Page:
Changes over time

This section presents the changes in the health impacts of human-made air pollution in New Zealand from 2006 to 2016.  Results are presented for human-made air pollution (PM2.5 and NO2), but are not available by source.

These results come from the HAPINZ 3.0 study, published in July 2022.

Health impacts from overall air pollution increased since 2006

From 2006 to 2016, there was an increase in deaths, hospitalisations and social costs from human-made air pollution in New Zealand (Table 1).  In particular, the number of deaths from human-made air pollution increased from 3,005 to 3,317.

However, accounting for population size, the rate of deaths (per 100,000 people aged 30+ years) and social costs per capita due to air pollution both decreased since 2006.  In contrast, the rate of hospitalisations due to air pollution increased.

The increase in health impacts was driven by nitrogen dioxide (NO2).

Table 1: Changes in health impacts from human-made air pollution (NO2 and PM2.5) in New Zealand, 2006 to 2016 (numbers and rates)   

Health impacts from NO₂ increased from 2006 to 2016

The health impacts from nitrogen dioxide (NO2) increased from 2006 to 2016, including premature deaths, hospitalisations and social costs (Table 2).  In particular, the number of deaths due to NO2 increased from 1,580 in 2006 to 2,205 in 2016.  The increases in these health impacts all remained even after accounting for population size.

These increases are consistent with the increase in the number of diesel vehicles over this time.

Table 2: Changes in health impacts from human-made NO2 air pollution in New Zealand, 2006 to 2016 (numbers and rates)

Health impacts from PM₂.₅ have dropped since 2006

From 2006 to 2016, the health impacts from PM2.5 air pollution decreased in New Zealand (Table 3).  This included a decrease in the number of deaths, hospitalisations and social costs due to PM2.5.  These decreases remained even after accounting for changes in population size.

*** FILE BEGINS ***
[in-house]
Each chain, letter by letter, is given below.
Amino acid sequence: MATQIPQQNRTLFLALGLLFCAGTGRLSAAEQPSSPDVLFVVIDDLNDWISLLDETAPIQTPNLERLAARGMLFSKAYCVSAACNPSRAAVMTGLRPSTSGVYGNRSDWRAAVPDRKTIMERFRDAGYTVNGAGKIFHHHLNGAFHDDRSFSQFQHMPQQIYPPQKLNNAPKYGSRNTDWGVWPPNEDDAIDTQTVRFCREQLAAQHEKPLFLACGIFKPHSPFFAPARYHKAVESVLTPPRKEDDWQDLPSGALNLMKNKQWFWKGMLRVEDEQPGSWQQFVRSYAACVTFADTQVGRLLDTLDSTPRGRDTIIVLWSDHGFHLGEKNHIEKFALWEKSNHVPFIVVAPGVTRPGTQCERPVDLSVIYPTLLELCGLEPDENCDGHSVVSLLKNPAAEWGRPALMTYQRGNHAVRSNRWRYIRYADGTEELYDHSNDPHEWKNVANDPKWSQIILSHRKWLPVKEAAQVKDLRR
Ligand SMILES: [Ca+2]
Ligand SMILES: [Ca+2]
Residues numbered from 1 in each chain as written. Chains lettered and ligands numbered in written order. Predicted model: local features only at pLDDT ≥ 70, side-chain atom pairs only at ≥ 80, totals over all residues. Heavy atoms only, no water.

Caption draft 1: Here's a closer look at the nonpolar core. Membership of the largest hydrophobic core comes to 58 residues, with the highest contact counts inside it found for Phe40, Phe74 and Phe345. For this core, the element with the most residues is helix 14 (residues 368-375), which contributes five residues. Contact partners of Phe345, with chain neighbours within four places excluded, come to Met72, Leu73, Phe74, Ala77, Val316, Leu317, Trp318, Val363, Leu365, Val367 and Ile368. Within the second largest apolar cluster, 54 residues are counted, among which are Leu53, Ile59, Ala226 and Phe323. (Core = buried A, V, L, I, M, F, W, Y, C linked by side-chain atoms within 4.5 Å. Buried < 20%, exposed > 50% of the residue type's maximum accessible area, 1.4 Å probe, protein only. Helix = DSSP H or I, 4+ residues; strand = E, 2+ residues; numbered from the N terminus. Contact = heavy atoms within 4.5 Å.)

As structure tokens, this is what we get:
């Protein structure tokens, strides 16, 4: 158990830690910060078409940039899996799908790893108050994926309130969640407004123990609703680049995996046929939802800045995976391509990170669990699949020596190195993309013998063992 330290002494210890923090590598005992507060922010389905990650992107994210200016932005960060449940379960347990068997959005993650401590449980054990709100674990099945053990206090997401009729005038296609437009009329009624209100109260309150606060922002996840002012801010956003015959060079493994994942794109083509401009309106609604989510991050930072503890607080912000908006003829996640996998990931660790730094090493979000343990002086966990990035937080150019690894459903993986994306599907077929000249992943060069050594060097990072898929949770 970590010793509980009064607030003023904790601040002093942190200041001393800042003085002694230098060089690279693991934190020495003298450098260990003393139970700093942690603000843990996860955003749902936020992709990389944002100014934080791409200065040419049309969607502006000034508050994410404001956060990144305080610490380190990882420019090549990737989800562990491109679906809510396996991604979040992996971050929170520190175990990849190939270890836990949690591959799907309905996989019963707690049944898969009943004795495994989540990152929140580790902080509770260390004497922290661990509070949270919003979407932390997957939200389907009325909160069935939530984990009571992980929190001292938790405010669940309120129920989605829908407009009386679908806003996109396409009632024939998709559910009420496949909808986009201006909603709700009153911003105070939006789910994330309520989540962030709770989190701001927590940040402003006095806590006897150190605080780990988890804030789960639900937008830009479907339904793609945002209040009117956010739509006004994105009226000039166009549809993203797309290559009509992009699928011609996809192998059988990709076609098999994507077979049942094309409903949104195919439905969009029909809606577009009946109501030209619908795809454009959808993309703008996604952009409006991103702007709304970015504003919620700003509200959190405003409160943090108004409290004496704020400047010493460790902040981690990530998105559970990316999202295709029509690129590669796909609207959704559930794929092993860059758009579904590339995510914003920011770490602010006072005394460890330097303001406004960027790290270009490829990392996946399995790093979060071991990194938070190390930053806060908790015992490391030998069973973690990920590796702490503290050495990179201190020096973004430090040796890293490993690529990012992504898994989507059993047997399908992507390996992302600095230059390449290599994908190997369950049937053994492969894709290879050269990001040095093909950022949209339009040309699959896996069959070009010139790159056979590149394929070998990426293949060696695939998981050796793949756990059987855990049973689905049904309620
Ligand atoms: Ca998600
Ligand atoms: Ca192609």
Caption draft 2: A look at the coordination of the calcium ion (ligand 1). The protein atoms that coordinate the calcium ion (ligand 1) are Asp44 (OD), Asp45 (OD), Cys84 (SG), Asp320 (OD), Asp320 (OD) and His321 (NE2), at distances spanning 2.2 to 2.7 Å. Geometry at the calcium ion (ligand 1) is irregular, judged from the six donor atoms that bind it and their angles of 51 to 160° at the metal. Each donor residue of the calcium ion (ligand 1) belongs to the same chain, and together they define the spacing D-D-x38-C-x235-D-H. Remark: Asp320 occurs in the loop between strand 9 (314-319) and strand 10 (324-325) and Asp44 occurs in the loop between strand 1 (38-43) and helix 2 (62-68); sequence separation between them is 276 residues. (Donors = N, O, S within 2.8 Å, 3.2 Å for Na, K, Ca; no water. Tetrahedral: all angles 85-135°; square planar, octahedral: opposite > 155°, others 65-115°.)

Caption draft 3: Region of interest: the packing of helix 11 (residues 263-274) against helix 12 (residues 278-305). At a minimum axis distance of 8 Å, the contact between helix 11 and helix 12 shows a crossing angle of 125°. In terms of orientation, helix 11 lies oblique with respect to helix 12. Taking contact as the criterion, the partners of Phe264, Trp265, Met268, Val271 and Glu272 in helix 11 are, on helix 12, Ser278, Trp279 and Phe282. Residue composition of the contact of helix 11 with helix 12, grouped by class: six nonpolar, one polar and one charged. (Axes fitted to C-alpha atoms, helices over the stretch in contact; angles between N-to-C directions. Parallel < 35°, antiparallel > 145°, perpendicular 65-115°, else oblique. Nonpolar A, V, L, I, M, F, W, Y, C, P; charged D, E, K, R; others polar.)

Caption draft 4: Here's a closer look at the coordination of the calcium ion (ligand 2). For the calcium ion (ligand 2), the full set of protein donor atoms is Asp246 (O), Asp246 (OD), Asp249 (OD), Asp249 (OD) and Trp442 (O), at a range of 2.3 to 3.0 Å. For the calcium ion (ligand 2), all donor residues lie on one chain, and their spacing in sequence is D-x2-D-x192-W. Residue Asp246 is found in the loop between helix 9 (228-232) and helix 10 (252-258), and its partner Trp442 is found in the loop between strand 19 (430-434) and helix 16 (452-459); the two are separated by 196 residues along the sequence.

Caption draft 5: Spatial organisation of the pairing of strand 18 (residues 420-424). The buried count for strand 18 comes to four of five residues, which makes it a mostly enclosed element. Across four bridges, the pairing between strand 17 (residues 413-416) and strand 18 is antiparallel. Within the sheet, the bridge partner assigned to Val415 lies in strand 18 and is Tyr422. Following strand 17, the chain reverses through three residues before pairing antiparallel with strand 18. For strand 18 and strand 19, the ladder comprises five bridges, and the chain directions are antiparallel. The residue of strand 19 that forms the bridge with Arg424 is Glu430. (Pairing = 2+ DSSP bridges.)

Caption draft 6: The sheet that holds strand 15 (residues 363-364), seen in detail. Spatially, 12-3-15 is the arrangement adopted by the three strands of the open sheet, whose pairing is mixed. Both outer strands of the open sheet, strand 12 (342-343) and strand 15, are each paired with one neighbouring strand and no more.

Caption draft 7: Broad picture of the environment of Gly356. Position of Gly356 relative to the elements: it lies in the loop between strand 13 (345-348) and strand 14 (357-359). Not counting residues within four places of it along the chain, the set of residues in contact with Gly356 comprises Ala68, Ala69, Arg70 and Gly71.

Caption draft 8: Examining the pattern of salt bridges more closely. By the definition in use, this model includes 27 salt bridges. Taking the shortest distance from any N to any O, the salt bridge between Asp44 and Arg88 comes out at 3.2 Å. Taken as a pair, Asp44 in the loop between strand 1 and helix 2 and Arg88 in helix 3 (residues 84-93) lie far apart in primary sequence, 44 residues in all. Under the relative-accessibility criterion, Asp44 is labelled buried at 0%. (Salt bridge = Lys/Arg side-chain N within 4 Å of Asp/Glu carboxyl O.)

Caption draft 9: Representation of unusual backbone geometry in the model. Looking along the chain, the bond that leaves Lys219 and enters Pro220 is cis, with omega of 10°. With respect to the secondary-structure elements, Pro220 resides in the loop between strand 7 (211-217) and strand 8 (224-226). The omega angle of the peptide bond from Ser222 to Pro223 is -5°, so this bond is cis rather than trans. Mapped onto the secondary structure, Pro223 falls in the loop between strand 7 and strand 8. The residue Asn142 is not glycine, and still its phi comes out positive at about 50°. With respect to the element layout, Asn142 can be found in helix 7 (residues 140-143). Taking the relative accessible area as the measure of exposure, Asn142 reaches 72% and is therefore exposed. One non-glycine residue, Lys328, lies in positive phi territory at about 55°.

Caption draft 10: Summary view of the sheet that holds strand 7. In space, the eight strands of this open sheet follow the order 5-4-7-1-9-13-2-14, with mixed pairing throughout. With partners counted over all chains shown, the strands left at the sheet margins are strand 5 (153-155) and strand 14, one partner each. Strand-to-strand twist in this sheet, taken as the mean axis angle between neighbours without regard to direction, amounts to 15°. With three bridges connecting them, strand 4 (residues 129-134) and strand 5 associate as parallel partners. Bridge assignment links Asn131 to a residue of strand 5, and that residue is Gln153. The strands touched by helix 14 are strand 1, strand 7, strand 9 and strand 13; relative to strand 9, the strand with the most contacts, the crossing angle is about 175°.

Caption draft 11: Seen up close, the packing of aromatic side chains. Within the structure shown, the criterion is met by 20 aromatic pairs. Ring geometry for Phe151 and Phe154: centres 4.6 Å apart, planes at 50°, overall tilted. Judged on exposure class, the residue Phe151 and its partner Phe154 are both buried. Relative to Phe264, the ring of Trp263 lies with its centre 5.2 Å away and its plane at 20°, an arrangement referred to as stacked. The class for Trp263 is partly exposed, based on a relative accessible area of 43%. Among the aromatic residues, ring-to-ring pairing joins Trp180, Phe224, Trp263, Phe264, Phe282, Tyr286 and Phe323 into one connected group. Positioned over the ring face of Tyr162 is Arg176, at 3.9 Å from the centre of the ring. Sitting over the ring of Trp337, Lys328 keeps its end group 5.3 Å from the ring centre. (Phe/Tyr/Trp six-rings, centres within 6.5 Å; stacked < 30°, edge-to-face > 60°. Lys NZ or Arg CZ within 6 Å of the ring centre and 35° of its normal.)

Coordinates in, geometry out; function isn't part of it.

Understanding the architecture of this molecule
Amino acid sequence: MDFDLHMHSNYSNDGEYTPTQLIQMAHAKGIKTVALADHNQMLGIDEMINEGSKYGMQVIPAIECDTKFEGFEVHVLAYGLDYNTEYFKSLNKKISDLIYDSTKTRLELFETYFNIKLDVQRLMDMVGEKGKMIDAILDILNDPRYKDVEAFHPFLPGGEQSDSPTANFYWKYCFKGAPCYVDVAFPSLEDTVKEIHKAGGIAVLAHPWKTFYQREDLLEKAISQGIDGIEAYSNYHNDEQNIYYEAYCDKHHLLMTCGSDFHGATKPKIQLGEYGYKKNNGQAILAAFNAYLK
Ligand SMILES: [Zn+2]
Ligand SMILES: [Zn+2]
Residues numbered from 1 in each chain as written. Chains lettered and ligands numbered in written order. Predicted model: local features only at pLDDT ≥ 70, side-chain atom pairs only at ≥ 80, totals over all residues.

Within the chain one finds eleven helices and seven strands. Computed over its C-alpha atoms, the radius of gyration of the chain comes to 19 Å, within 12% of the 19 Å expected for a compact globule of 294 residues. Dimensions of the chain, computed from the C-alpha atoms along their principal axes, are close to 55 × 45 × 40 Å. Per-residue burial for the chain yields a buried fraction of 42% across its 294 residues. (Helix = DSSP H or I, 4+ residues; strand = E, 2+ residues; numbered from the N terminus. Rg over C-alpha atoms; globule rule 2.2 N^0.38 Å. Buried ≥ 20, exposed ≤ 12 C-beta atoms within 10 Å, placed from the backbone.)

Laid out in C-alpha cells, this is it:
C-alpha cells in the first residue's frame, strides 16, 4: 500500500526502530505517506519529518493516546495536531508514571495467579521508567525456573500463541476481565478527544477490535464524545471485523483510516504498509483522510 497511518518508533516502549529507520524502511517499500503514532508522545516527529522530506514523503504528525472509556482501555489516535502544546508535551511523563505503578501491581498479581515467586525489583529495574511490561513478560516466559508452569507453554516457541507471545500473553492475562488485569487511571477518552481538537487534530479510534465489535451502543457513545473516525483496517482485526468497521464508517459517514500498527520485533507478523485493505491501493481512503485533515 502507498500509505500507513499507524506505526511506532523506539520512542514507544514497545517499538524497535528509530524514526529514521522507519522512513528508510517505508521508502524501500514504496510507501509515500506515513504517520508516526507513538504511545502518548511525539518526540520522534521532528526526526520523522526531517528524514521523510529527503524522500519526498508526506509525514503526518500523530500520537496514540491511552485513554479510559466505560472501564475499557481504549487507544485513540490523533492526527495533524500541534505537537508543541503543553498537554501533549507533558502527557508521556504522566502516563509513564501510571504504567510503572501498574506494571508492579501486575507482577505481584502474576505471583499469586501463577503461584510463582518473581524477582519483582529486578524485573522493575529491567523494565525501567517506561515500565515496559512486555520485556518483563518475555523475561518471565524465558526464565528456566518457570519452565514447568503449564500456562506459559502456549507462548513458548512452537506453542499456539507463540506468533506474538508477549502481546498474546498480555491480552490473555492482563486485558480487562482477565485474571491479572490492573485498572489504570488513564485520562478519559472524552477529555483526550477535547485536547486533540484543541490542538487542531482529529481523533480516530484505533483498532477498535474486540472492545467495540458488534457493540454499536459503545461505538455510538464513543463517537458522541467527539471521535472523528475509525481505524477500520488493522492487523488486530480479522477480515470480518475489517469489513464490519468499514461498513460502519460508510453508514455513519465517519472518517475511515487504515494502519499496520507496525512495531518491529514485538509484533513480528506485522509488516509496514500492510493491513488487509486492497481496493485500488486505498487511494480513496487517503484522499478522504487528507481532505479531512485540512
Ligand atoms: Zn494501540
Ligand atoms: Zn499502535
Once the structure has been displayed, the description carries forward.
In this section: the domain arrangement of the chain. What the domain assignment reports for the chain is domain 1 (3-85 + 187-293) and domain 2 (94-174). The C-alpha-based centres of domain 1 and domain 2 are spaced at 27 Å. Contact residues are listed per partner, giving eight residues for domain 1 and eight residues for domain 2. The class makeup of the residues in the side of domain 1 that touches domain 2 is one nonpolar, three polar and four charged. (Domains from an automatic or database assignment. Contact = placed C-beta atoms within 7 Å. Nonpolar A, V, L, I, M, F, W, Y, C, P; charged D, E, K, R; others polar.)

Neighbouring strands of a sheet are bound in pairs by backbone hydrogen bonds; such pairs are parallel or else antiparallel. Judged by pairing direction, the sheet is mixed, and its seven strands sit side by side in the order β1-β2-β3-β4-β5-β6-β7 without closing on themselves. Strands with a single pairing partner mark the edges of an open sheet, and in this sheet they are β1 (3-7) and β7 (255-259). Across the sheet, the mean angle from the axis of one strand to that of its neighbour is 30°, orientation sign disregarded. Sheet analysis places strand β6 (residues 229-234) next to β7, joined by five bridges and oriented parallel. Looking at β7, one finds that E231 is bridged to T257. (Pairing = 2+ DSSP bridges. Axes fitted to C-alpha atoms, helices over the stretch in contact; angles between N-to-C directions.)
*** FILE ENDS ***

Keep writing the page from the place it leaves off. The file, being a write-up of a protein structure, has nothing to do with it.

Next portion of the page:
These drops reflect the considerable improvements in domestic fire emissions that have occurred since 2006.

Table 3: Changes in health impacts from human-made PM2.5 air pollution in New Zealand, 2006 to 2016 (numbers and rates)

Higher levels of annual average PM2.5 concentrations can impact on people’s health.  The World Health Organization (WHO) recommends that annual average PM2.5 levels do not exceed 5µg/m3, in their 2021 air quality guidelines.

The percentage of the population living in areas with high PM2.5 (ie exceeding the WHO 2021 guideline of 5µg/m3) decreased from 2006 (85.1%) to 2016 (81.0%) (Figure 1).  However, this still meant that four in five people were exposed to high PM2.5 in 2016. 

A decrease in exposure to high PM2.5 was also seen for Māori, with the percentage of the Māori population exposed to high PM2.5 decreasing from 83.6% (2006) to 77.6% (2016).

However, almost all Pacific peoples (94.4%) were exposed to high PM2.5 in 2016, reflecting differences in where they live.

Figure 1: Percentage of population living in areas with PM2.5 higher than the WHO 2021 guideline (5µg/m3), total population and by ethnic group, 2006 and 2016

Increase in population exposed to high NO₂, with persisting inequities for Pacific peoples

The percentage of the population living in areas with high NO2 (ie NO2 above the 2021 WHO guideline of 10µg/m3) increased substantially from 2006 (23.5%) to 2016 (31.4%) (Figure 2).  

The rates were much higher for Pacific peoples, with over half (54.5%) exposed to high NO2 in 2016.

Figure 2: Percentage of population living in areas with NO₂ higher than the WHO 2021 guideline (10µg/m3), total population and by ethnic group, 2006 and 2016

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